Lacquering maple fretboard...same as body?

Discussion in 'Finely Finished' started by ppg677, May 26, 2019.

  1. ppg677

    ppg677 Tele-Meister

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  2. EsquireOK

    EsquireOK Friend of Leo's

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    No, you don't follow the same routine as with a body. For maple necks, you can just spray clear lacquer straight on the maple. No grain filling, and no sealing, required.

    Fender used to install the frets, and end bevel them, on a bare maple neck. Then they would spray the lacquer over them. Then level, crown, end dress, and polish, which cleared the lacquer off the playing surfaces of the frets, while leaving it on the sides. As such, finger oil and fret corrosion would tend to creep down the sides and ends of the frets to the maple below, staining it. Additionally, the lacquer on the sides of the frets was easy to chip during a re-fret. Part of the reason you often see "vintage fret jobs" went to a larger fret size: to cover up the slop of pulling the frets, and the embedded gunk.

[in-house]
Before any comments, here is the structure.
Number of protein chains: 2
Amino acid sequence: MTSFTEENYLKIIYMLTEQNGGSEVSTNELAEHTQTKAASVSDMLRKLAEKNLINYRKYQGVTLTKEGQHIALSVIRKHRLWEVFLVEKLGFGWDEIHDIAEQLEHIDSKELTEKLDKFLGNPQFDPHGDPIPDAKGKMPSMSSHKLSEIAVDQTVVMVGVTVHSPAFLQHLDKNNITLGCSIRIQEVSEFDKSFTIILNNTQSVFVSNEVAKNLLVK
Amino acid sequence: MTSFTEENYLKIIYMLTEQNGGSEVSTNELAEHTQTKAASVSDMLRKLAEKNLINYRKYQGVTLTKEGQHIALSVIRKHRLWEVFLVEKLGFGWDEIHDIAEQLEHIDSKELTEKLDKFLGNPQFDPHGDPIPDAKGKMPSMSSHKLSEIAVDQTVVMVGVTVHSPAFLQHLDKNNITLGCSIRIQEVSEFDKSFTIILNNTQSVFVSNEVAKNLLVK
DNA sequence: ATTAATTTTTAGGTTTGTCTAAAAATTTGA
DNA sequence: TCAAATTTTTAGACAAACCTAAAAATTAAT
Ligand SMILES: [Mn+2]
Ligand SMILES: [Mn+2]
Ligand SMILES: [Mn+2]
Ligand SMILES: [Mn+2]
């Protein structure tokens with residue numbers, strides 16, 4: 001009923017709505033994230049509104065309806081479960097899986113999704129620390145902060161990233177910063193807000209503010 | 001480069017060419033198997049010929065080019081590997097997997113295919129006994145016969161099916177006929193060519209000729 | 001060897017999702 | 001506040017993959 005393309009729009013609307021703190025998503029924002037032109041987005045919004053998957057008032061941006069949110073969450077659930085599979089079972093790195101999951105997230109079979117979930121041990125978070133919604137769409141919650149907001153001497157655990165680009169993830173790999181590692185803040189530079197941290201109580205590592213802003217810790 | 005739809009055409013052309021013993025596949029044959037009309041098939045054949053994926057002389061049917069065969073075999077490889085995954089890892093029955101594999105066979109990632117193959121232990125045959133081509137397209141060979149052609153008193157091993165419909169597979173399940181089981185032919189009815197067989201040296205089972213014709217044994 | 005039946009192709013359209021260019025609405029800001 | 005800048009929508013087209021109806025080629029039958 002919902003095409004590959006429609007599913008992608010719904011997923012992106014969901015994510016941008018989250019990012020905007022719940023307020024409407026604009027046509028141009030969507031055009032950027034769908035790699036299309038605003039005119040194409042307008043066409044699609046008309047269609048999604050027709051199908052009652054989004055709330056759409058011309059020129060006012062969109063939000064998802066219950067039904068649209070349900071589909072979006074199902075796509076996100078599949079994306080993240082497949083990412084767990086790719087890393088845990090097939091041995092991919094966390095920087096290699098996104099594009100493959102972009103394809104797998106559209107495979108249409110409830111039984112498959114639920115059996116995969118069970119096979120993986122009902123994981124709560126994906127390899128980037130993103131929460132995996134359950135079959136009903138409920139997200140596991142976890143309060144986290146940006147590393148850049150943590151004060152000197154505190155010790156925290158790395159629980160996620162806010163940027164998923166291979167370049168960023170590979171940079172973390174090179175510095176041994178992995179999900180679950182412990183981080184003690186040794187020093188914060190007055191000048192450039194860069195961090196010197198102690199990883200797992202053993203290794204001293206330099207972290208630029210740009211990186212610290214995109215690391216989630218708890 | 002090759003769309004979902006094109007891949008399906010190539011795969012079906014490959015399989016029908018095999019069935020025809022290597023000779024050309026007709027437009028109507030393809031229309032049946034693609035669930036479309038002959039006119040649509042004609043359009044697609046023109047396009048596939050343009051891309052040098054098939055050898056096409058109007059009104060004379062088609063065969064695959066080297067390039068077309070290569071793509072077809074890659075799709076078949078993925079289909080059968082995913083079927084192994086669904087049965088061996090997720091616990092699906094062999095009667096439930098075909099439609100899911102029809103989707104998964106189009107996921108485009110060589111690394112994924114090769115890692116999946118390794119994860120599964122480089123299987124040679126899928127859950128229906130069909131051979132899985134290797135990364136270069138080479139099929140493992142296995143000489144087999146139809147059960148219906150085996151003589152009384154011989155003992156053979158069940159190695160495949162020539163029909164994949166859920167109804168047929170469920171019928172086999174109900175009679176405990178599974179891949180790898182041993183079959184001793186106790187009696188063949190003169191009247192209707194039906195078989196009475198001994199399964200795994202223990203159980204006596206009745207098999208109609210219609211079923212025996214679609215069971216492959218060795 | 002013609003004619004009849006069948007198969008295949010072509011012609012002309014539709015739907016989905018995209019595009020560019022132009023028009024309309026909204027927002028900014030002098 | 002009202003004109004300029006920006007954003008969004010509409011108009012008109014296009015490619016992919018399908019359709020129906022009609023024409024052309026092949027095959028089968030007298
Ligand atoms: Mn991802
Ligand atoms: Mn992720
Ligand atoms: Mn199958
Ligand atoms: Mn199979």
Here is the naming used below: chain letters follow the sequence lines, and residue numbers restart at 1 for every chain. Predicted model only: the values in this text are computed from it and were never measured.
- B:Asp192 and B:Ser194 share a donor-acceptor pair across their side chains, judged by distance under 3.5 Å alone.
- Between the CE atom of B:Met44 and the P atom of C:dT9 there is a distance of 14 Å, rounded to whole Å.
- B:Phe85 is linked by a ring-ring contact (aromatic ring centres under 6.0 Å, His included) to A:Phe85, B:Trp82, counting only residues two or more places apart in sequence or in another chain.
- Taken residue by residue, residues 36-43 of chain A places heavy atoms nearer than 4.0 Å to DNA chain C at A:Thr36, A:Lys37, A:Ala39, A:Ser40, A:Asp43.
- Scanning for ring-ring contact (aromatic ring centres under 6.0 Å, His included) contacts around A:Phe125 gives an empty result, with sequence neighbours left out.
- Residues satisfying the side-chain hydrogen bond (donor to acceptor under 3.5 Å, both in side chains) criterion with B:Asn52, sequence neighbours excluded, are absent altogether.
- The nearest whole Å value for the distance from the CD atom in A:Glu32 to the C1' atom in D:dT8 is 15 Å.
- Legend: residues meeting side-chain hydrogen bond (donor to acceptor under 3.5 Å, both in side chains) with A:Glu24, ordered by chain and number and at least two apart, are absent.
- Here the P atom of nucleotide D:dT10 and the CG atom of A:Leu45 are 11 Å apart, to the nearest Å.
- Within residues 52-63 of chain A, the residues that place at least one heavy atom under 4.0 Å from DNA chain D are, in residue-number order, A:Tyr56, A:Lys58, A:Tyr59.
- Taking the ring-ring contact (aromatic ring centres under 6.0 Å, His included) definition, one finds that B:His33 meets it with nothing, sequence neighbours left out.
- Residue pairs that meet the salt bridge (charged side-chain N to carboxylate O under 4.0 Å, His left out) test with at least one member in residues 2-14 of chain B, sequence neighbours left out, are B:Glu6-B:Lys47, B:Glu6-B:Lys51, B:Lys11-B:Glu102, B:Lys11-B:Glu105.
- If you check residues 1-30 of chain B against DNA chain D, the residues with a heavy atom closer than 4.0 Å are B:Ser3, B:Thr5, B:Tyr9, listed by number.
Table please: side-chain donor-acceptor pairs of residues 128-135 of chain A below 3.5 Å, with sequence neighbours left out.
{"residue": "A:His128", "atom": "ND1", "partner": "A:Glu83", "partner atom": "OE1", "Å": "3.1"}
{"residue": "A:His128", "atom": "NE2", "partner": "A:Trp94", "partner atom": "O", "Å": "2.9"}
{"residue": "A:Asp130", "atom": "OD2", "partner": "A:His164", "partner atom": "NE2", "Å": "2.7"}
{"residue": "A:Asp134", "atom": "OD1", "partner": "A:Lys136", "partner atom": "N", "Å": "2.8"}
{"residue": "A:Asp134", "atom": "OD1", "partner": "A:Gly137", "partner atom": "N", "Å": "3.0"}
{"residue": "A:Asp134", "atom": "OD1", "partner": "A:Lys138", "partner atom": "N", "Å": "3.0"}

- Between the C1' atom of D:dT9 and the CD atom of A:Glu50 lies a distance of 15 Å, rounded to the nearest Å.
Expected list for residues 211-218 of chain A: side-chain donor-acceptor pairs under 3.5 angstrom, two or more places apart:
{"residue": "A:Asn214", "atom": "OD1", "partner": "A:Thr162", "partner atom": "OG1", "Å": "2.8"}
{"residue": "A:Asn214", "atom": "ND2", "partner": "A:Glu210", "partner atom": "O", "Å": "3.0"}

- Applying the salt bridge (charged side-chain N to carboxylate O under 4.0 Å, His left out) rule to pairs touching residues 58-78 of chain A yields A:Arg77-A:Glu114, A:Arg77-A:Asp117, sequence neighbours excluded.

Last edited: May 26, 2019
  3. ppg677

    ppg677 Tele-Meister

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    Ok, will skip the sealer for the fretboard. Frets already leveled/crowned. I'll notch a penny to remove lacquer from the stainless steel frets
     
  4. EsquireOK

    EsquireOK Friend of Leo's

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    Or you might try masking the board, and brushing some liquid frisket along the top of each fret (then pulling the masking) before finishing. It will make it much easier to knock off the lacquer after finishing, so you can avoid possibly nicking your frets with a metal scraper.
     
    Last edited: May 27, 2019
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